Donato Aranda, Professor of Chemical Engineering Department at the Federal University of Rio De Janeiro discussed microalgae as a new trend amongst biodiesel producers on account of its lipid productivity. According to Aranda the Brazilian production of soybean oil per hectare and year is 450 litres whereas palm oil is 5 000 litres. For algal oil it is possible to produce 1 million litres oil per hectare every year and, according to Aranda, at a cost of less than US$0.50/litre in Brazil.
Photo bioreactor facade
CEO Gunnar Mühlstädt for German company Microalgae Integration, MINT, presented a very innovative Urban Farming segment which means designing and installing so called photo bioreactors (PBR) suitable for building façades.
– This allows combining the production of microalgae with your building concept for a reduction of the ecological footprint. Of particular interest are these economically meaningful business models for real estate owners, property managers and investors. This novel approach opens up for a more sustainable operation of buildings, explained Gunnar Mühlstädt. Assembly of the world’s first PBR on a building façade is going to be installed in EUREF Campus in Berlin, where this year’s European Algae Biomass Conference was arranged. The plants for urban algae cultivation are customized and manufactured to the building’s infrastructure.
– We work closely together with architects, test engineers and specialized manufacturing companies for this purpose. Because of the exposed position of the photo bioreactor, a very particular mode of operation is required that can be regulated adaptively and optimally with our intelligent controller, said Gunnar Mühlstädt.
MINT provides customer with a Full-Service Package including maintenance and support of the façade plant. Thanks to an online monitoring, a permanent control over all process relevant parameters is realisable. Mühlstädt underlined that in the case of critical operating conditions alarm messages will give a customer an advance warning. The mobile harvesting system is demand-controlled and brings the necessary harvesting equipment to customer’s location. In addition, an automatic system-compatible cleaning of the plant is carried out on a regular basis to secure high quality of the produced biomass. John Benemann, CEO of MicroBio Engineering, Inc. (MBE), a leading consulting and engineering firm specialising in the design and construction of algae ponds for wastewater reclamation and biofuel production, presented a large amount of different ponds and small raceways intended for initial inoculation culture development or for programmes just getting started in algae research. The culture area of this raceway is 0.5 m² and the volume is 100 litres at maximum depth of 20 cm. Stands elevate the ponds (0.6 m) to allow for easy draining to downstream processes. According to Benemann the smaller design allows the researcher to operate more raceways efficiently and enables duplicate and triplicate all experiments.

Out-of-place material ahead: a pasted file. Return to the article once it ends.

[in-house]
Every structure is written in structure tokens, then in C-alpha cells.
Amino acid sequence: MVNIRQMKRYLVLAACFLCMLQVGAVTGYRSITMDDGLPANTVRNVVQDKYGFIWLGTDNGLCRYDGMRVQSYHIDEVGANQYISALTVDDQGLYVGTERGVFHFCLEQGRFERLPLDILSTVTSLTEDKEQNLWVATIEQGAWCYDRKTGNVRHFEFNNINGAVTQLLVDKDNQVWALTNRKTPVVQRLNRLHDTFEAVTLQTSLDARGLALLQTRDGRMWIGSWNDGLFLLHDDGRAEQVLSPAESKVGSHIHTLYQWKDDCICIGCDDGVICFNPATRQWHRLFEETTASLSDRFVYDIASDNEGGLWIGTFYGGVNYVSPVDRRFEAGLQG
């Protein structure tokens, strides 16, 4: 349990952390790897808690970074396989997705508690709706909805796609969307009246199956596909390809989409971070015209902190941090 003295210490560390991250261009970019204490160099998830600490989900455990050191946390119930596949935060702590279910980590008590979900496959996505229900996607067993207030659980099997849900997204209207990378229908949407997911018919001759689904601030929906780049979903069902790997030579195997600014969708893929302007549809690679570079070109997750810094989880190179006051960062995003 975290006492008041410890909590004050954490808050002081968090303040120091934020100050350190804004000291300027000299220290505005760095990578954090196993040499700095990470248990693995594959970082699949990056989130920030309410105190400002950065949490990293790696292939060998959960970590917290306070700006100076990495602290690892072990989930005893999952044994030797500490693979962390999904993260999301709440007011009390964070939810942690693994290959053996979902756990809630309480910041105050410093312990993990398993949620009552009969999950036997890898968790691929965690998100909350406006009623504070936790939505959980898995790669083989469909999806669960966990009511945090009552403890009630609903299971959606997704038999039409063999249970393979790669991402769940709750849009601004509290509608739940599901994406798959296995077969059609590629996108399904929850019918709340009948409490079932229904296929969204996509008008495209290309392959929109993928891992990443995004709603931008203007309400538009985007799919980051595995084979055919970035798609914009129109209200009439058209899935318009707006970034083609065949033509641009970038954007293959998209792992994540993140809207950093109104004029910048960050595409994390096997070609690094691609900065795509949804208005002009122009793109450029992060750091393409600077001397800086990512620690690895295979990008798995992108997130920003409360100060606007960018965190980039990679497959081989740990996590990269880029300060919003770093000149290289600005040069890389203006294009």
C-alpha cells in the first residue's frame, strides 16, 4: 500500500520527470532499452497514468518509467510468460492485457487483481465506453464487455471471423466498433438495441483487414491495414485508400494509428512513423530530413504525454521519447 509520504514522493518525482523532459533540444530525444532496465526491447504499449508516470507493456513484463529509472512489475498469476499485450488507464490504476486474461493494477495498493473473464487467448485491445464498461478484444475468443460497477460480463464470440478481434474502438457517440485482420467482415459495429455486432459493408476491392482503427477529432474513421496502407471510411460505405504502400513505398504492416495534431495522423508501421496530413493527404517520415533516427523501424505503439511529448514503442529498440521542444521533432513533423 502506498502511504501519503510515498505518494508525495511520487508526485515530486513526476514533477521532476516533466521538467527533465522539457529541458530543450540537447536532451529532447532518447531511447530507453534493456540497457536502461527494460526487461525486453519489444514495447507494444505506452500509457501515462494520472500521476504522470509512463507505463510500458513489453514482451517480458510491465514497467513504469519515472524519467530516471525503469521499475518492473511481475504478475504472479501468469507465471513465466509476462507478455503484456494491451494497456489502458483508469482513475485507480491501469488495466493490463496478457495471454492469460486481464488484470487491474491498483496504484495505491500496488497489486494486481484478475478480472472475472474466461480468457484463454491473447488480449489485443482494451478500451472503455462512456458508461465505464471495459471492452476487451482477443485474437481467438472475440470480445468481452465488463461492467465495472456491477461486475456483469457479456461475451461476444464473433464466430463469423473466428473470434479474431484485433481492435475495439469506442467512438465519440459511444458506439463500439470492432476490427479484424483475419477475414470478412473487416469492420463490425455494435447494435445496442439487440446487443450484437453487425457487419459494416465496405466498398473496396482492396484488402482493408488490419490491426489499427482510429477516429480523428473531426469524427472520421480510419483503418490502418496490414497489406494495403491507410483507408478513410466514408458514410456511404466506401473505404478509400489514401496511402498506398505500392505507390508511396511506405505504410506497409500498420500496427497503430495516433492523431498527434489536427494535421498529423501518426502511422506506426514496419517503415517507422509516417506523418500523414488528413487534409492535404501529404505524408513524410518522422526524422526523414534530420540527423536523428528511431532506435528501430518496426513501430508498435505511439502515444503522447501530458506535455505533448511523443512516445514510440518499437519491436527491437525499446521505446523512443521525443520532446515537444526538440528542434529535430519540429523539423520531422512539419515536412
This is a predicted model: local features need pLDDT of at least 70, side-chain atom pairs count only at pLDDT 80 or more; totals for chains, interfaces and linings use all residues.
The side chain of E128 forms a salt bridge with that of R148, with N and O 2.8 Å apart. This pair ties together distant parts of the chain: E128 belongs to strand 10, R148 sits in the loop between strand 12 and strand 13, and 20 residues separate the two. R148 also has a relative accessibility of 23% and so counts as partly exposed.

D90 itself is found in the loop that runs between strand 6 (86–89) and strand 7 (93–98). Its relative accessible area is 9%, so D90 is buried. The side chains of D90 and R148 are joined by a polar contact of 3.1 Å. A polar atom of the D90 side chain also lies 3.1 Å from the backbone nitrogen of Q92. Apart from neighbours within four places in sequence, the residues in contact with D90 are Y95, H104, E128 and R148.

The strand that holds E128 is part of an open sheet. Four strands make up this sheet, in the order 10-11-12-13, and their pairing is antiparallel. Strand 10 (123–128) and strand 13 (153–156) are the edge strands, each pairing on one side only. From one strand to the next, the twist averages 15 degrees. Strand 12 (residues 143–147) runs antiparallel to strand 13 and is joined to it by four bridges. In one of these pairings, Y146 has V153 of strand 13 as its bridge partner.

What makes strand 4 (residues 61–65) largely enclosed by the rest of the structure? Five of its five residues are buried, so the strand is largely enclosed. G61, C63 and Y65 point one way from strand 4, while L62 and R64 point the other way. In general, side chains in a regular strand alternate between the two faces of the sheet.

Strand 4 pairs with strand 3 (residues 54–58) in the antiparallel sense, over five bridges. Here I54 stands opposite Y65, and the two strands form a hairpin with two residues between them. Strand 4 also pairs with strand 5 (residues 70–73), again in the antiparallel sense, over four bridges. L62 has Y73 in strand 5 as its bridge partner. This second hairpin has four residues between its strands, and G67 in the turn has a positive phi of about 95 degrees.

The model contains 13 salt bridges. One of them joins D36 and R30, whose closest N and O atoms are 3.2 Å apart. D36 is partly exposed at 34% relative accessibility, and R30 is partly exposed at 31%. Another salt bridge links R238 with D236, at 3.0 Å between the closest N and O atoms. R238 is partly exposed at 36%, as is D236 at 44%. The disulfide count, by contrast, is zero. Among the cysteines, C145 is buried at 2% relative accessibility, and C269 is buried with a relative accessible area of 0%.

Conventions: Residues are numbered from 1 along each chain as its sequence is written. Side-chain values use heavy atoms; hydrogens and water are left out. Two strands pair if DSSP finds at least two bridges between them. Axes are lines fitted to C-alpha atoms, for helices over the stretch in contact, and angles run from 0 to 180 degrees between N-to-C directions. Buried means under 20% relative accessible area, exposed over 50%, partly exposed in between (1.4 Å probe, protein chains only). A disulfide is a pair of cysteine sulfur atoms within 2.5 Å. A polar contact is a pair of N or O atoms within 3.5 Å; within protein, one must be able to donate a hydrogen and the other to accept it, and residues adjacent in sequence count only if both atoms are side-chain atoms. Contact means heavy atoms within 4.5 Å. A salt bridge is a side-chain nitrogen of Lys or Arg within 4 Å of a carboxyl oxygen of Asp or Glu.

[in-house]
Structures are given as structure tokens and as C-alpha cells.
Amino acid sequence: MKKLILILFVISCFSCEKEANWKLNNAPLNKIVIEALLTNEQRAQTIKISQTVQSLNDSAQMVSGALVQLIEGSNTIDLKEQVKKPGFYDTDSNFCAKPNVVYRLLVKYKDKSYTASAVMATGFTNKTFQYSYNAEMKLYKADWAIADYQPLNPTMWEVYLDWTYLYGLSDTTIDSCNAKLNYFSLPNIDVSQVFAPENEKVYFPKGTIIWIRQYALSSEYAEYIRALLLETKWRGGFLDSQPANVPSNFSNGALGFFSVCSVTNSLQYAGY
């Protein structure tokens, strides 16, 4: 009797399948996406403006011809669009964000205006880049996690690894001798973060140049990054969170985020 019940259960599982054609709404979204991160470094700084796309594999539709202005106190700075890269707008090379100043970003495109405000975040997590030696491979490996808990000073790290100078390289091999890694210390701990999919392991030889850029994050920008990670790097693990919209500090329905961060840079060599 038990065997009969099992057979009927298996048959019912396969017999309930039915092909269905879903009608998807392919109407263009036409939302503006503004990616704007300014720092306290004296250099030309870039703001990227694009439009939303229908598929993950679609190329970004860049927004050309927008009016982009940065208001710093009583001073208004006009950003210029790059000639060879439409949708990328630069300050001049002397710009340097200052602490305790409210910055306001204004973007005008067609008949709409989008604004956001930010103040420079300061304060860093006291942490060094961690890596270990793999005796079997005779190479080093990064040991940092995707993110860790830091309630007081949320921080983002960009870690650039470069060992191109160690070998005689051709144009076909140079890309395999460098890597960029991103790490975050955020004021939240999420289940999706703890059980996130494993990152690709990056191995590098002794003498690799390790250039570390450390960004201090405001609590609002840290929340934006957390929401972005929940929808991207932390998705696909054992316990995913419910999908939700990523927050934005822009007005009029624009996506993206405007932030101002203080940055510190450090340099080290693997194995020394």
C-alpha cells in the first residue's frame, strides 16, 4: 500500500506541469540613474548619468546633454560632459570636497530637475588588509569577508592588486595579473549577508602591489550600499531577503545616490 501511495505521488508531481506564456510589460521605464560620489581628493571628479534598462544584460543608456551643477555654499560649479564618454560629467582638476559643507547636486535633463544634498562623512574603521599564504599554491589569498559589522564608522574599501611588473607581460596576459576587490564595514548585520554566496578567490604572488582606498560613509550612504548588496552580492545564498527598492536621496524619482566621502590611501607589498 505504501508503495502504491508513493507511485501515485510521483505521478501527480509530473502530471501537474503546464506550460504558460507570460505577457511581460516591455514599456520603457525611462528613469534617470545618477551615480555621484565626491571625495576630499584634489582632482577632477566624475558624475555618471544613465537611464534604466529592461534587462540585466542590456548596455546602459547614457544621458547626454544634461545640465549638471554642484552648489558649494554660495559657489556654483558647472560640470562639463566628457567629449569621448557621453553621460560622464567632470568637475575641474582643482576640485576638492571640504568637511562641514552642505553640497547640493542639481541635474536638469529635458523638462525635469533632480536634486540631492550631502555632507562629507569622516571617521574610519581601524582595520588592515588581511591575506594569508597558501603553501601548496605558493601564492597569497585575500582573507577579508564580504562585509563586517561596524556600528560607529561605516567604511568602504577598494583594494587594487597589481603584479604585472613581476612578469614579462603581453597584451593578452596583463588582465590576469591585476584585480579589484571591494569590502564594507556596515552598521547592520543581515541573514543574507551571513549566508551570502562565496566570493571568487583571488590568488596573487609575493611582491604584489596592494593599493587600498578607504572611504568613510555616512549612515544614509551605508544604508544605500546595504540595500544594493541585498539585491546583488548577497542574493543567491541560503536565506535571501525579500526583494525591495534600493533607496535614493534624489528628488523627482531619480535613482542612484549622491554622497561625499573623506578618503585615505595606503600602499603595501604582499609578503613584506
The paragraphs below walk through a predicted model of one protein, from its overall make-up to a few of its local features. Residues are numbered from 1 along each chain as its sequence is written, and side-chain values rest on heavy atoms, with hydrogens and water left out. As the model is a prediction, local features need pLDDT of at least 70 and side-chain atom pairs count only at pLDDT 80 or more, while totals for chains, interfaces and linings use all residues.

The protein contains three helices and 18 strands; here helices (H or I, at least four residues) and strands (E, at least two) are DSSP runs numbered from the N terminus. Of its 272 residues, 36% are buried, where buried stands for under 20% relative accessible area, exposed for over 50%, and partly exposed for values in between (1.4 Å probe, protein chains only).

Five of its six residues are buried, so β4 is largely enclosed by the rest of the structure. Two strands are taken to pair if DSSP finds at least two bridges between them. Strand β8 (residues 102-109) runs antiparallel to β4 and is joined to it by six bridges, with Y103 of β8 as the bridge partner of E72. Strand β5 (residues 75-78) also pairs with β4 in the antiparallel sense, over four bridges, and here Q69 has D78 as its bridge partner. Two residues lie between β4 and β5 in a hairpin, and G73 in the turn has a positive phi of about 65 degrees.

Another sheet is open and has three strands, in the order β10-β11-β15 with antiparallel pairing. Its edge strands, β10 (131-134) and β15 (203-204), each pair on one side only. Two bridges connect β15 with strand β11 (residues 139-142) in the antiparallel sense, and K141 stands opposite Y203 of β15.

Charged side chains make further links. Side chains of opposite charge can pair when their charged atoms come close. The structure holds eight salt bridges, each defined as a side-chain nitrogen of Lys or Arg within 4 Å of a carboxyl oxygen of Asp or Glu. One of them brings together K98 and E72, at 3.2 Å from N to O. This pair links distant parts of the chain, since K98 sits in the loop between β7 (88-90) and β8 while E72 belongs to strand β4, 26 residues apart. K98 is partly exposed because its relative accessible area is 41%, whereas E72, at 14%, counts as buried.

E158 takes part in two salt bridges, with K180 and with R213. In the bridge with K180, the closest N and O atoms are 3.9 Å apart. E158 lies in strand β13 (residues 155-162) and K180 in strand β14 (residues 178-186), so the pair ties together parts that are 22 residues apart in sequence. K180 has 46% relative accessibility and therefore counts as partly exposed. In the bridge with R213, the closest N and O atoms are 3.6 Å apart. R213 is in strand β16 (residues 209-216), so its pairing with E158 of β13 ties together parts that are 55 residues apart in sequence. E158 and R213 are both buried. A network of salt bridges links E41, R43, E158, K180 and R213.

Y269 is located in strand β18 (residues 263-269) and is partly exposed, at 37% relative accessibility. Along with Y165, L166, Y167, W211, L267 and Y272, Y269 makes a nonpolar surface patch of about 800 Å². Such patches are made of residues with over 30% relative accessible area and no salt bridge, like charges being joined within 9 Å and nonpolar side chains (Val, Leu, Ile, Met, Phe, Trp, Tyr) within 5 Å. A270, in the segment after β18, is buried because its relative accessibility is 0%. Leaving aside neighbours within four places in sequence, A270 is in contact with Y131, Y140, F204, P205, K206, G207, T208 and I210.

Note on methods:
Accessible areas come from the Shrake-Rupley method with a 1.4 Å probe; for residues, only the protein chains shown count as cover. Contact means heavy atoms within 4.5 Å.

Today algae producers hope to make a profit by producing potable water as well as fuel, and by charging fees to municipalities for treating their wastewater. Another possible source of income is the substantial renewable fuel credits that for example the US Environmental Protection Agency (EPA) and the government of some European countries are offering for companies with small carbon footprints, which produce so called “advanced” biofuel.
Algae producers estimate that it will still cost US$80 million to US$100 million to move up from pilot plant to commercial-scale production. So far they have not taken that step, but if anything the Berlin conference indicated that algae scientists and proponents are very determined people.
Text & photos: Markku Björkman